A Memorial for Mrs. Duma McCluney
by Charles T. Crow

Of all the teachers I had in Rector High School, Duma McCluney had the greatest impact on me.   She was alive in every way, and challenged every student to think.   To Mrs. McCluney, the main responsibility of an American citizen was to stay informed about important issues that affected their lives and to vote for the best person, regardless of party (she was, however, a lifelong Democrat).   Public service was an honor and an obligation, and she expected the best from those who offered themselves for elected office.   Mrs. McCluney would have been horrified at today's lack of interest in voting.   She expected her students to be active in civic affairs, to be informed, and to participate.   She believed that high school students were fully capable of thinking as responsible adults and she sought to prepare us to be good citizens in the fullest sense.

In an era before interstate highways and cable television, when newspapers and the Memphis TV stations were the only sources of information, a big thrill was tracking the state and national elections with Mrs. McCluney.   She prodded us to think for ourselves.   Each of us was expected to have a point of view if we were in her class, and we had to defend it.

I recall how indignant she was at Governor Orval Faubus for setting Arkansas's international image back a century at Central High in Little Rock when he closed it down as a way to get popular support for his election to an unprecedented third term.   Those were tumultuous times in Arkansas history, and very confusing.   Faubus was a master politician and very persuasive, but she turned against him for that action.   While we sat in our lily-white rural school, our counterparts from Little Rock lost their chance to graduate.   They had to live with relatives all over the state in order to finish high school.   Mrs. McCluney was open-minded and helped us work through trying to understand the consequences of that awful incident.   The last black Rector resident (and former slave) had only recently died, who was the only link to that way of life, and it was easy to get caught up in the rhetoric when we were not even affected.   Isolated as we were, we were not spared from the emotional divisions of racism, and feelings ran hot and high.   Mrs. McCluney very cautiously guided us through this rocky path.   In her class we could work through the issues and learned to respect differing points of view within a democratic framework.   And at a time when "nigger" was an accepted part of the Arkansas vocabulary, Duma McCluney challenged her classes to understand what the term "equal protection before the law" was intended to mean, and she brooked no slur on any person. She always came down on the side of doing what was right.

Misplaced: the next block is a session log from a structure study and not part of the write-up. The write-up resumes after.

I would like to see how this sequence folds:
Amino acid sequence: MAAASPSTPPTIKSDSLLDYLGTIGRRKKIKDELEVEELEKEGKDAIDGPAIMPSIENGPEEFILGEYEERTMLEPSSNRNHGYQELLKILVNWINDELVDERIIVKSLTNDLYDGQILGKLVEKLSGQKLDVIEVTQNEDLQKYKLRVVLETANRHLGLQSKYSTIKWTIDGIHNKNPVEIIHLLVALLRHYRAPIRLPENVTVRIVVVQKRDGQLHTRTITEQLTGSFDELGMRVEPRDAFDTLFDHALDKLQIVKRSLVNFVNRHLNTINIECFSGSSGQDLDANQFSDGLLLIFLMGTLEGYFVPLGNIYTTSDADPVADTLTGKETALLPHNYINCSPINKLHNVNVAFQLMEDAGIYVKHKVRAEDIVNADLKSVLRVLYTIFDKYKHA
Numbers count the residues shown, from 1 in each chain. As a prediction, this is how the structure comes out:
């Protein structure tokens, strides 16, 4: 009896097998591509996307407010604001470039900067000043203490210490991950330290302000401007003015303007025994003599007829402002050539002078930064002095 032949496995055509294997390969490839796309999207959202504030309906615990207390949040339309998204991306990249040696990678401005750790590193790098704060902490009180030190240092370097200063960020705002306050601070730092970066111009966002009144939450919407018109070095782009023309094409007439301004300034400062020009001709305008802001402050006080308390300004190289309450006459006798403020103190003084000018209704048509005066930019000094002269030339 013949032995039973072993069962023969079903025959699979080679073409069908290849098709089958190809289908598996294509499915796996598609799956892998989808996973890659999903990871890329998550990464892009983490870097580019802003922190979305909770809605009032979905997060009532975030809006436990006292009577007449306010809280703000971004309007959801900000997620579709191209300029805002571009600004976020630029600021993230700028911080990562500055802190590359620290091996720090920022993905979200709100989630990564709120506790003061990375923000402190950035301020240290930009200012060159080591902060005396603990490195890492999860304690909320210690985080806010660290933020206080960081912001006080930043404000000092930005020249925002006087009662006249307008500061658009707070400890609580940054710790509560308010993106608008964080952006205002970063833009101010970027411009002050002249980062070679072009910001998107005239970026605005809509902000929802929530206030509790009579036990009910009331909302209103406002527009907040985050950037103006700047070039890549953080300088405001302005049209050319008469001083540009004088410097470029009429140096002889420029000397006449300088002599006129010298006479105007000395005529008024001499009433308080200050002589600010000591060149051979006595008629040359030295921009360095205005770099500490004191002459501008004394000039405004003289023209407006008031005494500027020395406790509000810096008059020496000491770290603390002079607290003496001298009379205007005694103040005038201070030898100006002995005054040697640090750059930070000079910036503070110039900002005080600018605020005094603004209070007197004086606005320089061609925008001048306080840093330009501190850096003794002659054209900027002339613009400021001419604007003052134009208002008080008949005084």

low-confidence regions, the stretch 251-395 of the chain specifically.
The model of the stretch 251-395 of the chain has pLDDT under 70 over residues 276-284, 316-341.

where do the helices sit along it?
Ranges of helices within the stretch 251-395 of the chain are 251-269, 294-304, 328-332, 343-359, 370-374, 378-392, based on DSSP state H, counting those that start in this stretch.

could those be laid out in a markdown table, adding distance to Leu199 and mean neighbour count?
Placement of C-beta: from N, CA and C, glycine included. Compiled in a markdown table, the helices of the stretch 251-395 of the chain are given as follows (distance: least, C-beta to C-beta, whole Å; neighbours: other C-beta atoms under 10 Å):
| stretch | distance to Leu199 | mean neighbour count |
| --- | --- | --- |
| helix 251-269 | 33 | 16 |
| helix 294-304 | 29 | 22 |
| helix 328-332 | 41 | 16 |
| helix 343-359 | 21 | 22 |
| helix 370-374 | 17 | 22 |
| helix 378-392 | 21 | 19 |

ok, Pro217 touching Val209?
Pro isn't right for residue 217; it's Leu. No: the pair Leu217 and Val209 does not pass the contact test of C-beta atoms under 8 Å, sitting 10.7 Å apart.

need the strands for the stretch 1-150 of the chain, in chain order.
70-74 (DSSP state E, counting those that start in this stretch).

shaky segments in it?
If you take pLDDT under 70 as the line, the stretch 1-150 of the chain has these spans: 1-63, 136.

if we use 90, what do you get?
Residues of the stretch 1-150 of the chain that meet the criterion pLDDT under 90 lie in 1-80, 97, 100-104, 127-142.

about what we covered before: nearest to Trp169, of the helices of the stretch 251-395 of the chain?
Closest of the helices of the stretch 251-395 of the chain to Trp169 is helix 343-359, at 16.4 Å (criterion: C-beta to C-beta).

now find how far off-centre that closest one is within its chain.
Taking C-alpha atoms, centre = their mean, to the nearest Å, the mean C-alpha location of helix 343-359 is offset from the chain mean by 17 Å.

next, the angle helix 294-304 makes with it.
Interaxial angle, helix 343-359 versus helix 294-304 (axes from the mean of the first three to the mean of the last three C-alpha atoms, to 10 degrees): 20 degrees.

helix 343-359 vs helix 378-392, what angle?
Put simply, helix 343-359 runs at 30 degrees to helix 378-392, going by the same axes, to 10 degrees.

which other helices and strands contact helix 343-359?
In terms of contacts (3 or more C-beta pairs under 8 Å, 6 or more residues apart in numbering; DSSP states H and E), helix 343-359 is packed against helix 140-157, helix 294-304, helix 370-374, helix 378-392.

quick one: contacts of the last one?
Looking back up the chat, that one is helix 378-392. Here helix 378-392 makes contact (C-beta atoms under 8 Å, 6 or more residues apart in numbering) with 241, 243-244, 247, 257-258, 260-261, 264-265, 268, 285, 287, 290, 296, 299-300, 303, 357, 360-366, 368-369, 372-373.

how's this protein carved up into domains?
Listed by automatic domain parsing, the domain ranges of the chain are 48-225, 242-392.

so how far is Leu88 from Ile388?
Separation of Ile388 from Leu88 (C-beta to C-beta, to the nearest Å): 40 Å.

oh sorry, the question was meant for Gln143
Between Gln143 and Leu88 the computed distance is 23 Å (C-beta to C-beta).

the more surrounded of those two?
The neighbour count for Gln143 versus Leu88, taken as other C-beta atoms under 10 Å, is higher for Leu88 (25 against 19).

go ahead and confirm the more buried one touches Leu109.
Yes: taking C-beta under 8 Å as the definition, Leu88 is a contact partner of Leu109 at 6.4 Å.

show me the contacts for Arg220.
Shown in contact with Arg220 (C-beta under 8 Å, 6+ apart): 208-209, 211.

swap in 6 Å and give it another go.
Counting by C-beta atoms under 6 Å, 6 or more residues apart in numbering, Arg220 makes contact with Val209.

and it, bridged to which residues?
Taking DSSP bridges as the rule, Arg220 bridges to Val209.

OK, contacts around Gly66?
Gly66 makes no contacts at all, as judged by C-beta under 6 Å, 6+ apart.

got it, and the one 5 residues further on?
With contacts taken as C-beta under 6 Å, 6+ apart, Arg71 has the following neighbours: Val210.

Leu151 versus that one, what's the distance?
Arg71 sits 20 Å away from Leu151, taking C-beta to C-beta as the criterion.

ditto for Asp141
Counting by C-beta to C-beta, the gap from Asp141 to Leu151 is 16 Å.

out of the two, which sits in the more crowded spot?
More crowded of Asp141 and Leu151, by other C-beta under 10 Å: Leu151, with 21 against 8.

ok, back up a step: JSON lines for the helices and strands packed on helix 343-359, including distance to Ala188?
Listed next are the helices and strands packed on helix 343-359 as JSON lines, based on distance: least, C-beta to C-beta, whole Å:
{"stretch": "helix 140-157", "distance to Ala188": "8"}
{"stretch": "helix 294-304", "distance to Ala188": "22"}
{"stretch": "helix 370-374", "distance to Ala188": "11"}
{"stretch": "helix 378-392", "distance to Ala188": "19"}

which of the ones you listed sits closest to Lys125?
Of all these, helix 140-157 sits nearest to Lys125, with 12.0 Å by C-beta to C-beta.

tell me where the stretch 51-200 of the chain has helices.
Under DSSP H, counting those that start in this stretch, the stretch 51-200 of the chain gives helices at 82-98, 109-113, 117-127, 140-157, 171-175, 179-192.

She loved politics and she loved governmental process.   In the sleepy days of the Eisenhower administration, she was a fan of Senator Lyndon Johnson, who was then the Senate Majority Leader, and who could get things done.   Under Mrs. McCluney we had to know the name and mission of very department of government and every member of the Cabinet.   I never got out of the habit.  

Duma McCluney had the rare capacity to look inside her students and identify something special and she could then motivate them to use those gifts to become more than they expected of themselves.   She never stopped teaching, and she never stopped learning.   She followed her students long after they were gone.

There is no greater legacy a teacher can leave than the collective gratitude of generations of past students whose lives have been made richer for having been a part of her life's work.   Duma McCluney lives on.   Well done!

Charles T. Crow (Charlie)
Class of 1958
Rector High School
Rector, Arkansas

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